Talking Dictionaries And Language Learning
Is it worth the extra money to purchase an elecgtronic dictionary with sound?
The following comments have specific reference to learning Spanish but I believe they are relevant to the learning of other languages as well.
Some people (curiously and unfortunately, not all) who learn a new language are interested in achieving a good accent in their new language. Nevertheless, it is not well known that there are three components of the accent of a given language: the rhythm or intonation (the music) of the language, the links between the sounds, syllables, and words in an utterance, and lastly, the proper pronunciation of the sounds of the language. The lesson here is that the formation of the vowels and consonants of a language is only part of the task of learning that language. However, it is where most learners begin. Let’s look at the place of the pronunciation of the vowels and consonants of Spanish.
Many language experts believe that the intonation and linkage contribute more to speaking like a native than does the proper pronunciation of all the sounds. This can be seen in the manner in which the people of San José, Cost Rica pronounce the Spanish letter “ere”. For some strange reason, which I have not been able, to track down historically or linguistically, they pronounce the word “arroz” just like a Gringo would. Their double “r” is not trilled as in most Spanish speaking countries; it is not velar as it is in much of Puerto Rico. It is pronounced just as an untrained American would pronounce it. Yet, the person hearing this “error” has no doubt that the persons speaking are native speakers of Spanish. The flow of their speech is perfect and the listener just thinks, “I wonder why they pronounce that word that way…” In other words, often the pronunciation of the sounds is the least important element of speaking well.
Yet pronunciation is the place where the learner should begin. Habits of bad pronunciation once ingrained become automatic and are hard to eliminate, while errors of intonation and linkage can more easily be consciously detected and corrected in later stages of the learning process.
The person learning Spanish has one advantage over the person learning another language. The advantage is that most the vowels and consonants of Spanish are close to those of English, and their pronunciation is perfectly regular.
First of all, the vowels sounds represented by the 5 letters, a, e, i, and u, have five sounds. That’s right, five! It is not like the case of the many English vowel sounds represented by the same letters, such as rough, cough, though, and through, or the case of the same sound represented by different letters in the words, ache, weigh, pay, hey, jail, and tape.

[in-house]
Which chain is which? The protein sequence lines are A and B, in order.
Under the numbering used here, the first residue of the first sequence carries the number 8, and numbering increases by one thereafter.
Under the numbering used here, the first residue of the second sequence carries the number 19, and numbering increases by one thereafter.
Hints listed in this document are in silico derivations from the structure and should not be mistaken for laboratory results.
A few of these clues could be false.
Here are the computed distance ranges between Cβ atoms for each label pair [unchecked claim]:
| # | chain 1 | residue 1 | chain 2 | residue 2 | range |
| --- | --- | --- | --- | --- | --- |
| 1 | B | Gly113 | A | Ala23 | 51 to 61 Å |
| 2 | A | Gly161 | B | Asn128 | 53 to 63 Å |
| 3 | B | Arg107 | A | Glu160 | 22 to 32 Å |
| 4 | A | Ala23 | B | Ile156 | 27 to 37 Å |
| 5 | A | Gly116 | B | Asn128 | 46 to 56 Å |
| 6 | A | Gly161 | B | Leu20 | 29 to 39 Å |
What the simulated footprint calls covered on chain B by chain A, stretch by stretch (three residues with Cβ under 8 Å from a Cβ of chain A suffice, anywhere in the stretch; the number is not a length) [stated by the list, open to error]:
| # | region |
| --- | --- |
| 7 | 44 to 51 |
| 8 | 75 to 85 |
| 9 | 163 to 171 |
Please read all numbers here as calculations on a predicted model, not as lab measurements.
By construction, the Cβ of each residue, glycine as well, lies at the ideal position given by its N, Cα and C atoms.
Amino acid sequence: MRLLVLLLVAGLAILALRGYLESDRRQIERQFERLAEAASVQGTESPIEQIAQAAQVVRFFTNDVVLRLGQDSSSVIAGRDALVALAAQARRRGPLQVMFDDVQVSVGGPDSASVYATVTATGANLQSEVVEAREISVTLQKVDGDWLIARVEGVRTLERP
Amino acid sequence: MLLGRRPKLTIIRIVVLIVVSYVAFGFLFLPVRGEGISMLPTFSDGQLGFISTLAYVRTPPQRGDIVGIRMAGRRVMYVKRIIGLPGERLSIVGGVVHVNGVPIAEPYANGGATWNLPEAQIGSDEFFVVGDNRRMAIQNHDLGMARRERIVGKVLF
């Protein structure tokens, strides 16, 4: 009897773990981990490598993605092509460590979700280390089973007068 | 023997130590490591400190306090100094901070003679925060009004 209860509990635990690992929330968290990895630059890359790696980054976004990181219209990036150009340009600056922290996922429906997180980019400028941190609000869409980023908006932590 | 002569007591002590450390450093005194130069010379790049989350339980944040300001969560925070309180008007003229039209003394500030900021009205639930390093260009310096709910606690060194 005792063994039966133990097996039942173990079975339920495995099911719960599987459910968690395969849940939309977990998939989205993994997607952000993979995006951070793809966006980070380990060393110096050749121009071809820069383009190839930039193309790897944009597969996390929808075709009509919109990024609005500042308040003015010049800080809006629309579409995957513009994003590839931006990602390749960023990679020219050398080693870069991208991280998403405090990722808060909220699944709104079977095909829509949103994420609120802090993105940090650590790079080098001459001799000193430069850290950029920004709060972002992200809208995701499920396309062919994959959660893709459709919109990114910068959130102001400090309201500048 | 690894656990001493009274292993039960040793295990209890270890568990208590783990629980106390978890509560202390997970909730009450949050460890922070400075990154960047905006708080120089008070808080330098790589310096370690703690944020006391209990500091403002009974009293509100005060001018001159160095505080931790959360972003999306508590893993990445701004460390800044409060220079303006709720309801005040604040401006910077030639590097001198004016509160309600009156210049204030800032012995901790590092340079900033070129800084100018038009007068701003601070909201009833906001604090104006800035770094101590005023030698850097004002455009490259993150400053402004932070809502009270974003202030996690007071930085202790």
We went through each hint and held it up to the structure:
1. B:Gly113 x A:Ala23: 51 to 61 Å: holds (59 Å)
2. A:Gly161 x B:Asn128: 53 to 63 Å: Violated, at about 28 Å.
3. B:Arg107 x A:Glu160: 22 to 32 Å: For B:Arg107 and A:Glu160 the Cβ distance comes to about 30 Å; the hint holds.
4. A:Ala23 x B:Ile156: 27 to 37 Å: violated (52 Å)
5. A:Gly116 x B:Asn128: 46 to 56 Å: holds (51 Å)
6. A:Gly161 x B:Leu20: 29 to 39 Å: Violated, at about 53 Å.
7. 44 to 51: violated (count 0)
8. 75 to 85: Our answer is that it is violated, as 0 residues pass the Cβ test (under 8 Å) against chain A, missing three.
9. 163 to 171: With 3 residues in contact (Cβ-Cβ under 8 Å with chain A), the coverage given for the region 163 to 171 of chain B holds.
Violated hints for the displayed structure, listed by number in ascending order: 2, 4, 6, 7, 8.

The major difference is that the vowel sounds in Spanish are pure; they do not have the little “tail’ that English vowels have.
The consonant sounds in Spanish are largely similar to those of English. This does not mean that they are all the same! There are differences with the “l”, “b” and “d” sounds. The main difference with some consonants in Spanish is that they are not “aspirated”, that is they are not made with a puff of air, as are those of English. If you put the back of your hand in front of your mouth when you say “Papa” or “tonto” in Spanish you should not feel the same movement of air that you feel when you say “Pope” or “tent” in English.
These differences are real but fairly manageable by the learner who wants to start off right in Spanish. Once the differences are known they can be worked on. For example, it is relatively easy to leave off the English glide at the end of the Spanish vowels.
Progress can be made with written descriptions of the Spanish sounds. The sounds can be described by comparing them with close English words. And the ear can be trained by listening to native speakers. There are many speech samples on the Internet and most large cities in the United States have at least one Television channel transmitting in Spanish.
All of the above has the purpose of leading into the issue of the value of a “talking” dictionary. Many people who want to learn Spanish think that they need a talking dictionary. Often the learner thinks that this will provide an advantage in learning the language. However, it is a mistake to invest in a talking dictionary. The very best are very expensive and most of them, even the most expensive, have such small speakers that it is impossible to hear the fine points of the pronunciation of Spanish.
The learner very soon knows how to pronounce Spanish since the rules are 100% regular. What is need is the effort to actually pronounce the sounds. Many learners are ashamed of imitating the sounds of the language they are learning and they speak the new language with the same intonation, linkage, and pronunciation of their own native language.
The end result of the learner’s pronunciation (as of his or her overall accent) will be the result of his or her own ability and of the effort expended. The talking dictionary does not contribute anything to the equation. A good electronic Dictionary such as the Oxford Spanish English Dictionary, found at www.LeerEsPoder.com/dicOxford.htm , will be all the learner needs.
About The Author
Frank Gerace has taught in Latinamerica and now teaches English in New York City. He provides resources on accent reduction and the proper American English accent at http://www.GoodAccent.com. He also maintains resources for Spanish Speaking learners of English at http://www.InglesParaLatinos.com.